Marys with a public address system, but he was soon thinking bigger,
according to The KNOM/ Father Jim Poole Story, a book by
fellow Jesuit Father Louis Renner.
“Instead of reaching only 30 homes in one village, why
not...bring the good news of Christ, his peace, joy, hope to the
thousands of Eskimos and Indians living for the most part in relative
isolation and cut off from the mainstream of 20th-century realities,
and yet affected—often quite adversely—by outside influences?” Father
Renner wrote. “He [Father Poole] felt strongly that those people
could be reached through radio, and through radio be given the ultimate
help—the help to help themselves come to grips with the new ways
of life and cultural conflict.”
Tom Busch, KNOM’s general manager since 1975, says
the message remains much as it was in the beginning: “Play a lot
of music, be interesting, be a strong positive companion, and bring
inspiration and education in short bursts that people aren’t going
to tune away from.”
KNOM plays popular music (filtering out songs that don’t
have a positive or, at least, an inoffensive message); has its own
news reporters and taps into the Associated Press wire; runs weather
reports; and to a lesser extent airs purely religious programming
such as a nightly rosary hour and weekly live Mass celebration.
The station regularly features native music and language
programs, continuing Father Poole’s original goal of “affirming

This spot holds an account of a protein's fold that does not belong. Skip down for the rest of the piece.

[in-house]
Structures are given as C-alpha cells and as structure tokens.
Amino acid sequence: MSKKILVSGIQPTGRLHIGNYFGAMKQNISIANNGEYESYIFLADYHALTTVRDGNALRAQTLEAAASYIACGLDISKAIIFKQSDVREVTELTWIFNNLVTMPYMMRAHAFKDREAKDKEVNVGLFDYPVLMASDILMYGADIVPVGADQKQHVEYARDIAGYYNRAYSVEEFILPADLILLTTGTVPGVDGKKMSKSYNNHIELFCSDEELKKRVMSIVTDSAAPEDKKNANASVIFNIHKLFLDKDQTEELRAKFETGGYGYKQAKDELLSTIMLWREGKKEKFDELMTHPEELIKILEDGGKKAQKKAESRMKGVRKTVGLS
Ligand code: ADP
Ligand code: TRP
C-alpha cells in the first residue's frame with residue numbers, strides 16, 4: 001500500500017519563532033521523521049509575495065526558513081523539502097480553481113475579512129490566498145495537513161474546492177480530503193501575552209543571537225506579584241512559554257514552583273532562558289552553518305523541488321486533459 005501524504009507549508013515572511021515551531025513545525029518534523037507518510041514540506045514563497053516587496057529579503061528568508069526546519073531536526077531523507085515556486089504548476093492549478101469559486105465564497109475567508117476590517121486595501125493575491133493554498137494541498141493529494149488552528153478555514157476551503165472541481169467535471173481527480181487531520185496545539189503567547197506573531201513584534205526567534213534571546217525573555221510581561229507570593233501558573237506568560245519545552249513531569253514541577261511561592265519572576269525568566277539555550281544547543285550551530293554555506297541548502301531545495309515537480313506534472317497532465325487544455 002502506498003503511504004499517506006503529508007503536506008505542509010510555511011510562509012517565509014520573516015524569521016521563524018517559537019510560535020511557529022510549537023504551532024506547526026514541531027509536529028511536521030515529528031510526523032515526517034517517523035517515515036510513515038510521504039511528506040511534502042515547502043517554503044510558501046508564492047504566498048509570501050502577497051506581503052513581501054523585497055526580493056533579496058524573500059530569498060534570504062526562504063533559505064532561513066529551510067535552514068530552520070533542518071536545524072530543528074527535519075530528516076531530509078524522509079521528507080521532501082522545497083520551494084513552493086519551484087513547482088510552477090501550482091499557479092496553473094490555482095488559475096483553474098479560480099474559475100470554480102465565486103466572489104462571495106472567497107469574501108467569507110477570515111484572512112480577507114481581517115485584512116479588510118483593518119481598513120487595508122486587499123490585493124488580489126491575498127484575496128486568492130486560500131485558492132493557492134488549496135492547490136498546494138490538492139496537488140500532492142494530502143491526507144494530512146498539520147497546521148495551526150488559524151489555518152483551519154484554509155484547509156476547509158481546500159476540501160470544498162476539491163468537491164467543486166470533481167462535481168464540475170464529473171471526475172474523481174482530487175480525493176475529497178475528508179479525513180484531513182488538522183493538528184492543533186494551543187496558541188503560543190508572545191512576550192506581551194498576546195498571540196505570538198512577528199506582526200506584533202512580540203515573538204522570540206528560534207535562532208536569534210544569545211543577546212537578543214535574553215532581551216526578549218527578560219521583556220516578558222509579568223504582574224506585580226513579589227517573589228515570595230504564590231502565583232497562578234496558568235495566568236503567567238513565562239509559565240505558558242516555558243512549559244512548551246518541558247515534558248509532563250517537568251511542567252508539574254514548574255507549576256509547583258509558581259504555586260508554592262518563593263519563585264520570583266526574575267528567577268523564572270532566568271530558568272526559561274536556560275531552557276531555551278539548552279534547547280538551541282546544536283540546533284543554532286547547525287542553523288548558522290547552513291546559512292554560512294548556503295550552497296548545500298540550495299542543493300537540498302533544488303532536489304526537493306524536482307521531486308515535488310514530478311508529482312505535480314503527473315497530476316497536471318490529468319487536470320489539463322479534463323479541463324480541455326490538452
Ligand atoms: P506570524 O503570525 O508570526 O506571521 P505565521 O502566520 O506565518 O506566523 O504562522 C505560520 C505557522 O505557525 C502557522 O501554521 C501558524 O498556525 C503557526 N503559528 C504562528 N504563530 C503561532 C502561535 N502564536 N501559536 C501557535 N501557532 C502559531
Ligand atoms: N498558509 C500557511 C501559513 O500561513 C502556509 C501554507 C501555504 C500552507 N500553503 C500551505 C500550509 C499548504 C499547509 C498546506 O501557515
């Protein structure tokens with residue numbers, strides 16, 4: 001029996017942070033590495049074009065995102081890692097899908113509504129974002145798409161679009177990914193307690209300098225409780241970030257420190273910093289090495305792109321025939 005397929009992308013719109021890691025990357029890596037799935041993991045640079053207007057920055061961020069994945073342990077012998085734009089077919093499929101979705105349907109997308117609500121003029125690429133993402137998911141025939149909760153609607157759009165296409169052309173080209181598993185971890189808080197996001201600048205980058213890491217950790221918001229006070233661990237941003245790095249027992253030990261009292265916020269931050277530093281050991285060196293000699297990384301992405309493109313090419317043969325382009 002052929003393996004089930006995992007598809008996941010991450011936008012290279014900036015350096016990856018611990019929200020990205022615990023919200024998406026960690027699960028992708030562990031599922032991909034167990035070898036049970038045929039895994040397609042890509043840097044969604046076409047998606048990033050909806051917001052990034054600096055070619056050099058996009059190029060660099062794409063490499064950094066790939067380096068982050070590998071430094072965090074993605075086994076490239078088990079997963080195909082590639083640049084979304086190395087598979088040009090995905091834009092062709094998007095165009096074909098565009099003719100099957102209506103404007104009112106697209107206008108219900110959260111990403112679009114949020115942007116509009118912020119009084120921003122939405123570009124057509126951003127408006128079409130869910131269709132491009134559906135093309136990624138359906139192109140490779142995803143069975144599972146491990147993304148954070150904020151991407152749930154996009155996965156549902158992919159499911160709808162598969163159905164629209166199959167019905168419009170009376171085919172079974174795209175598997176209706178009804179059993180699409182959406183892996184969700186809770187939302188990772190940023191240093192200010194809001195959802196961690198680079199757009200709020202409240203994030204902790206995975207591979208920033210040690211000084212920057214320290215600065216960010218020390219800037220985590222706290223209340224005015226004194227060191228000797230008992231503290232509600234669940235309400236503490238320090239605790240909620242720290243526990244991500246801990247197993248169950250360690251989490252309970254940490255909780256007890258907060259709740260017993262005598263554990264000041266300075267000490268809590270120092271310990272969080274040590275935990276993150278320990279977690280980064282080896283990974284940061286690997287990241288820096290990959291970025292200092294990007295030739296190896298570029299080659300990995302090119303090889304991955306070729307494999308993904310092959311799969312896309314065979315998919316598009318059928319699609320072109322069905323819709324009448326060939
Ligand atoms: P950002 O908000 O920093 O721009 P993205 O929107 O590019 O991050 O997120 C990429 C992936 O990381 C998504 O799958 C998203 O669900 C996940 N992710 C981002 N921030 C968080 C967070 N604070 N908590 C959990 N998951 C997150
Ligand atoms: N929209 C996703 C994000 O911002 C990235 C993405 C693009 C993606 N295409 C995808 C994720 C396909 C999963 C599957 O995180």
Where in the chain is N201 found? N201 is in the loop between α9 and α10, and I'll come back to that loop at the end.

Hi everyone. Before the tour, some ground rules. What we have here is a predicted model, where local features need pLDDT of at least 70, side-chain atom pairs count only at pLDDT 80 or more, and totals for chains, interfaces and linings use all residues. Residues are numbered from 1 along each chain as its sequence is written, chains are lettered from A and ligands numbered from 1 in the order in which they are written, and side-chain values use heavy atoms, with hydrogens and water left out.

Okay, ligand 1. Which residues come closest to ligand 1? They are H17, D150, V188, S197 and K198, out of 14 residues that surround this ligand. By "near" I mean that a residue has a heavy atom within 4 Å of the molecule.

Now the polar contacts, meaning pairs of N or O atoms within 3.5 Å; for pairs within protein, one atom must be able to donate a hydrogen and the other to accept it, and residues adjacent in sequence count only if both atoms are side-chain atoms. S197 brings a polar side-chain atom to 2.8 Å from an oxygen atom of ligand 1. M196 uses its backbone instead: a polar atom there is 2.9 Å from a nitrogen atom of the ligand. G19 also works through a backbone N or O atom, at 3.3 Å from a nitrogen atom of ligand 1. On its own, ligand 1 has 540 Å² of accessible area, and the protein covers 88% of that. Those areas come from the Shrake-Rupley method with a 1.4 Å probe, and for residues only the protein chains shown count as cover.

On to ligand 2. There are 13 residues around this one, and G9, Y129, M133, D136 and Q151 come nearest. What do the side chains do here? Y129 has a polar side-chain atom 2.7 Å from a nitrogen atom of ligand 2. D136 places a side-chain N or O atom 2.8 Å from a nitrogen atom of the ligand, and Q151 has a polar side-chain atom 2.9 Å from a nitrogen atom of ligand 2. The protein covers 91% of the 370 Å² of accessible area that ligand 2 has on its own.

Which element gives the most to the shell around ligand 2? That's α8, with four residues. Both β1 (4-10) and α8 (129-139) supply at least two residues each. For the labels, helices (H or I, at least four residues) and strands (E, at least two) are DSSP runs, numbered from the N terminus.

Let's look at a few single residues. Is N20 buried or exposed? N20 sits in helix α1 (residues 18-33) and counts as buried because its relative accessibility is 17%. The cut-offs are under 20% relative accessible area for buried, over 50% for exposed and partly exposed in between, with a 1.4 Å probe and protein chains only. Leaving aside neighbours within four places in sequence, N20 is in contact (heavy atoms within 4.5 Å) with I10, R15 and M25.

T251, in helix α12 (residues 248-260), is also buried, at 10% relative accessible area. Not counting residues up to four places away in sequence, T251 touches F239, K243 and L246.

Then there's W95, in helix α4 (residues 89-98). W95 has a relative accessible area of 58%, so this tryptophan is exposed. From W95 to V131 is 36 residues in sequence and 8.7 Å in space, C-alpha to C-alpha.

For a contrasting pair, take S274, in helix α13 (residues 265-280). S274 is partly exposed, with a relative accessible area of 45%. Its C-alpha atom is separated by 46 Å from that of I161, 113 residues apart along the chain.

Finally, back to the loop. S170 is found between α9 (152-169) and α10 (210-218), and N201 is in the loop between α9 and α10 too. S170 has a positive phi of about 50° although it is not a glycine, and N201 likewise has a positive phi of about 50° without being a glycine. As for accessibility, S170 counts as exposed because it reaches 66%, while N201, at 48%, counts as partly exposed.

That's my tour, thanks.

the native culture,” Busch says. One of Busch’s trademarks on the
air is to greet listeners in Russian (KNOM can be heard along Russia’s
east coast) and five Alaska native languages: Yup’ik, Siberian Yup’ik,
Inupiaq, Athabascan and Aleut.
The KNOM broadcast is liberally sprinkled with educational and
inspirational spots aimed at uplifting and enlightening a population
that is still enduring a painful cultural clash. The inspirational
spots are simple and brief. One recent spot said God expects people
to be construction workers, not members of a wrecking crew.
Practical, useful information is shared through the
thousands of annual educational spots, which have evolved as the
culture has changed, Busch says. “In the early days it meant, ‘Wash
your hands after you use the honey bucket’; ‘Brush your teeth.’”
Now these blurbs are more likely to be about the dangers
of alcohol and substance abuse, the importance of education or how
to apply for a job.
Busch says the station’s efforts at curbing domestic
violence, drug abuse and other social ills rampant in western Alaska
have not eradicated such problems but have made progress. “I think
every adult in the area at least knows that those things are wrong,”
he says. “Would that we could stop it all, but our power is limited
to informing people, educating them. On the other hand, that is
“Those messages are very important,” agrees Steve Alexie,
a high school teacher and basketball coach in Mountain Village.